The Baltimore City School Board voted unanimously last Tuesday to oppose legislation that would have allowed school police officers to carry weapons during the school day. The Board’s vote effectively killed HB31, a measure proposed by Del. Cheryl D. Glenn, a Democrat who sponsored the bill.
“I can’t move a bill that doesn’t have the support of the school board and the mayor,” Glenn said. “The votes wouldn’t be there.”
Without a change in the law, the school police officers are only allowed to carry their service weapons while patrolling the exterior of school buildings before and after school hours. At other times, all weapons are required to be secured.
Baltimore is the only jurisdiction within Maryland that employs a sworn school police force. In all of the surrounding counties, local police or sheriff’s departments are responsible for patrolling schools. They are allowed to carry weapons in schools during the performance of their duties.
The opposition vote took place during a public forum in which parents, students and members of the police union spoke both in favor and against the proposal. The discussion was spirited.
Those who spoke in favor of the bill, including parents, law enforcement officers, and school principals, argued that the students in Baltimore deserve the same protection as students in outlying school districts. They pointed to the lack of problems in those jurisdictions where officers regularly carried firearms and suggested that failing to allow Baltimore’s school officers to carry their weapons is a violation of the 14th Amendment’s requirement that all citizens be entitled to equal protection under the law.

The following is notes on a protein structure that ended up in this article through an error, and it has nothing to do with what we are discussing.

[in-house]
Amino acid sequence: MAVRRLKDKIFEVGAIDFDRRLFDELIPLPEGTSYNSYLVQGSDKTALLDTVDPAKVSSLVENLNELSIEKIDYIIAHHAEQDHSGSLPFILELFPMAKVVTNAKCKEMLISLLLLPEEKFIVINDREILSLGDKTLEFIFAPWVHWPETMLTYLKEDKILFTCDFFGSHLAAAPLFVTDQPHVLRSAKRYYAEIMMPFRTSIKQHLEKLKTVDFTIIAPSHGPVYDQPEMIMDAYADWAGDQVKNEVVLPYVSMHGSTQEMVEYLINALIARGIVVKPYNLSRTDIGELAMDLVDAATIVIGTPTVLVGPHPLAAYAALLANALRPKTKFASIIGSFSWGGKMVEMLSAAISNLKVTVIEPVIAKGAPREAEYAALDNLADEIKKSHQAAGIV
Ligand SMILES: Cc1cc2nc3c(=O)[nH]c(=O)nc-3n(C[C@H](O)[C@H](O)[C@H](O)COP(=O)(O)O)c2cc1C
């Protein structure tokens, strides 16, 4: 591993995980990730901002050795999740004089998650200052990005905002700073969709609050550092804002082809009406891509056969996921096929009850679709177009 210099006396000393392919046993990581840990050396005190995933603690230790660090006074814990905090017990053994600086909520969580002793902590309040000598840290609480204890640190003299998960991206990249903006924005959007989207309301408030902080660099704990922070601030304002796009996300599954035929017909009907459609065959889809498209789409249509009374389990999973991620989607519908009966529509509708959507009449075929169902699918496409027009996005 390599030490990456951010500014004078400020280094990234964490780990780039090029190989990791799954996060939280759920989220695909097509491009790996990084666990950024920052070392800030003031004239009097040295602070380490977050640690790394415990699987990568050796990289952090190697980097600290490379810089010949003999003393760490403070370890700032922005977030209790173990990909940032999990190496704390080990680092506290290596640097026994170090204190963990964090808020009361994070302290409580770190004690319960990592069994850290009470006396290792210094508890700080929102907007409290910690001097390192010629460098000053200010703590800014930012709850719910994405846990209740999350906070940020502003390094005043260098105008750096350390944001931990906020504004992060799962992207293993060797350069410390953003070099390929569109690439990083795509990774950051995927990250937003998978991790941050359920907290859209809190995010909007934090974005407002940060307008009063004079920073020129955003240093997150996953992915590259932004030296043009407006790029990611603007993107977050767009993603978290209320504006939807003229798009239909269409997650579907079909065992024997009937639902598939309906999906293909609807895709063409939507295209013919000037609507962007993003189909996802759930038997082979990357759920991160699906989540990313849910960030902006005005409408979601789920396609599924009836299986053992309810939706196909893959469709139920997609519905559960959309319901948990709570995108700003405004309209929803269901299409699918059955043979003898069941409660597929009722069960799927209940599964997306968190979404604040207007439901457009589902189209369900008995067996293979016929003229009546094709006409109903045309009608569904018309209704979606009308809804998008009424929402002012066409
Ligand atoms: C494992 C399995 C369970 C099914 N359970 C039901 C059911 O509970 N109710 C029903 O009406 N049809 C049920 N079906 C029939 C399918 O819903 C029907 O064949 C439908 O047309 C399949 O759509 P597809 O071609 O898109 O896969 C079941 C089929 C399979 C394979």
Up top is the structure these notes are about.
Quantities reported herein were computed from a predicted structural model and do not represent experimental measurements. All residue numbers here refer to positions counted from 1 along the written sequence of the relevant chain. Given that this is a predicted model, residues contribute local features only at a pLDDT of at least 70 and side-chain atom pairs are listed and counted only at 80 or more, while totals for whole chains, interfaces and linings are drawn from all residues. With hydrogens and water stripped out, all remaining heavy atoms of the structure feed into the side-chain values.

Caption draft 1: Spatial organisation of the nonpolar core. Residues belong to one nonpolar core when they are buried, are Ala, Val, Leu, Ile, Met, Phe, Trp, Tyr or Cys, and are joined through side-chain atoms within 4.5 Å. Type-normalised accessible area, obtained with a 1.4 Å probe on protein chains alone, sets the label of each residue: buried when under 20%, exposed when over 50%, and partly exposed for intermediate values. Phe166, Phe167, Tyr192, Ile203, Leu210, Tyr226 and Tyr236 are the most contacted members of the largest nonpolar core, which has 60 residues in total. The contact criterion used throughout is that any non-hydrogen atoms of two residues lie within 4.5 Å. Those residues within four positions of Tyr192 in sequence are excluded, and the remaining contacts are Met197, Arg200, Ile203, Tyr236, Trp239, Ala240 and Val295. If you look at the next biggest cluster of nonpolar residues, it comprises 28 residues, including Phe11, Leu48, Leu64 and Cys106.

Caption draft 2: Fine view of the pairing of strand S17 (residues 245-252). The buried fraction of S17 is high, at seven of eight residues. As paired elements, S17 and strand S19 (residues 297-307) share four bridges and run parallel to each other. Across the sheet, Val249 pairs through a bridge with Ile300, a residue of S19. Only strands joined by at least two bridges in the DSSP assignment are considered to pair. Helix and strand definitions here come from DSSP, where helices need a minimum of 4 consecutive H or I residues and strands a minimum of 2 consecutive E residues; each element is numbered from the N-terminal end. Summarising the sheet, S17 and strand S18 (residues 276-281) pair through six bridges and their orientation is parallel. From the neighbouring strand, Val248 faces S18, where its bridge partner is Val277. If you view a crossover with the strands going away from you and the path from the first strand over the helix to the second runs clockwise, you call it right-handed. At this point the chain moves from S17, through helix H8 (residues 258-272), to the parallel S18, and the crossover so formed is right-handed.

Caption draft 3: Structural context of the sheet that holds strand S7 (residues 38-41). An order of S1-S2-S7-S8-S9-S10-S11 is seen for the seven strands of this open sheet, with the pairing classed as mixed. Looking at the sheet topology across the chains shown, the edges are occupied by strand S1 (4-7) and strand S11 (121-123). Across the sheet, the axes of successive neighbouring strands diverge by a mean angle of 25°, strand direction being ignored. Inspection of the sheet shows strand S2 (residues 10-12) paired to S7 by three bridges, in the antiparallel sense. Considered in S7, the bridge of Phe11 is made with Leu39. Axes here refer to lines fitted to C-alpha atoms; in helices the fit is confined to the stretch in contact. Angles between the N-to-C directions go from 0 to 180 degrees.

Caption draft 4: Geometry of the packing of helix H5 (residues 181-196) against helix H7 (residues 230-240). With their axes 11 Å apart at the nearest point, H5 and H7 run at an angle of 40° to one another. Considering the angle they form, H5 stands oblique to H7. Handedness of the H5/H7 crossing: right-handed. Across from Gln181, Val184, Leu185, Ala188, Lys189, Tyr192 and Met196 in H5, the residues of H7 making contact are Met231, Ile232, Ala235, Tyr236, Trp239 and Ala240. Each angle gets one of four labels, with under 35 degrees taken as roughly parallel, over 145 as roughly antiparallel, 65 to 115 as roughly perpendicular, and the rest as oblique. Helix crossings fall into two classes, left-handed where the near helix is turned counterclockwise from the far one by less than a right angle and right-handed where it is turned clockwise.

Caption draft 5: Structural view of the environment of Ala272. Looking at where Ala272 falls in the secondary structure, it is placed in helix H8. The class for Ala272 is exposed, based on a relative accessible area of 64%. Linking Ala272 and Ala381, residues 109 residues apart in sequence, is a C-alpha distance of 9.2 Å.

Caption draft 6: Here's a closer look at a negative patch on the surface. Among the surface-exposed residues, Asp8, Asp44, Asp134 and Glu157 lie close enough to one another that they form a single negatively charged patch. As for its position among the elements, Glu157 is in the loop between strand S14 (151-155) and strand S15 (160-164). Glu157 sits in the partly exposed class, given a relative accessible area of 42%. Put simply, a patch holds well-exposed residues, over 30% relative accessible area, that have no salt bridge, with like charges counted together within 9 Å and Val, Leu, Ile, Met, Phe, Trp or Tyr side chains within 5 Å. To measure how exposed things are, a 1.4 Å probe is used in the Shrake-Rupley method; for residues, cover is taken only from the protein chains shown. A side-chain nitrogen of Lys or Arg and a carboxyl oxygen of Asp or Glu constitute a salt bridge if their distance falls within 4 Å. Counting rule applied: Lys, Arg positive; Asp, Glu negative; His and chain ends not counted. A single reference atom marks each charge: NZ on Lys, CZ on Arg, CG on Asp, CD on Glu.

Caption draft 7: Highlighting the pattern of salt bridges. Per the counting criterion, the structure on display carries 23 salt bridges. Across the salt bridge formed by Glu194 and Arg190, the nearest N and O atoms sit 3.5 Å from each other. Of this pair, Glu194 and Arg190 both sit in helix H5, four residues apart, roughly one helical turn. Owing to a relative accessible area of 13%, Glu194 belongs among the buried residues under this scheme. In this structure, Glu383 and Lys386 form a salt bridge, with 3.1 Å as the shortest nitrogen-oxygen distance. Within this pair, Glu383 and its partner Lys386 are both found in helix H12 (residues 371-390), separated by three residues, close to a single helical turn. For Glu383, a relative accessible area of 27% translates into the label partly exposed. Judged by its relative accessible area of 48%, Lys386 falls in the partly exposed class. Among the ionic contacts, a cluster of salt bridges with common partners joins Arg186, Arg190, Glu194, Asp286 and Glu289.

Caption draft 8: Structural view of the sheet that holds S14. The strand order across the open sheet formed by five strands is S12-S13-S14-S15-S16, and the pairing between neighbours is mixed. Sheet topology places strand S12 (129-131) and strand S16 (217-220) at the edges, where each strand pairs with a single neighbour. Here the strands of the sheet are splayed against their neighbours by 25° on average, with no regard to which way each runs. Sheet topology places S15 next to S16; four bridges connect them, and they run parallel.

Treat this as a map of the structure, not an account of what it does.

Those opposing the bill argued that there was no evidence to support the conclusion that armed school officers would prevent school shootings and other school violence. They also argued that due to the history of problems with the Baltimore Police Department, arming school officers would cause more problems than it solved.
The Baltimore Police Department is currently operating under a federal Consent Decree due to misconduct including widespread discriminatory practices focused on poor, black neighborhoods. The Baltimore City schools are comprised of 78.6% African American, 11.3% Hispanic/Latino, and 7.8% white students. One parent in opposition noted that of 90 arrests made by school officers, 89 of the students arrested were black.
Near the end of the public input portion of the meeting, students in a group called the Baltimore Algebra Project formed a line with their backs to the board members.
“No guns in schools,” the students chanted in unison. “We gonna fight for our lives.”
The students refused to return to their seats. As a result, the Board was forced to take a break from the proceedings. Upon returning, the Board voted unanimously to oppose the bill.
Glenn, the bill’s sponsor, indicated that she was “very disappointed” by the decision. She believed that the Board had given in to the pressure from the student group.
“I think this is a very unwise decision,” Glenn said. “These are sworn police officers. They are not security guards. They have more training than Baltimore police.”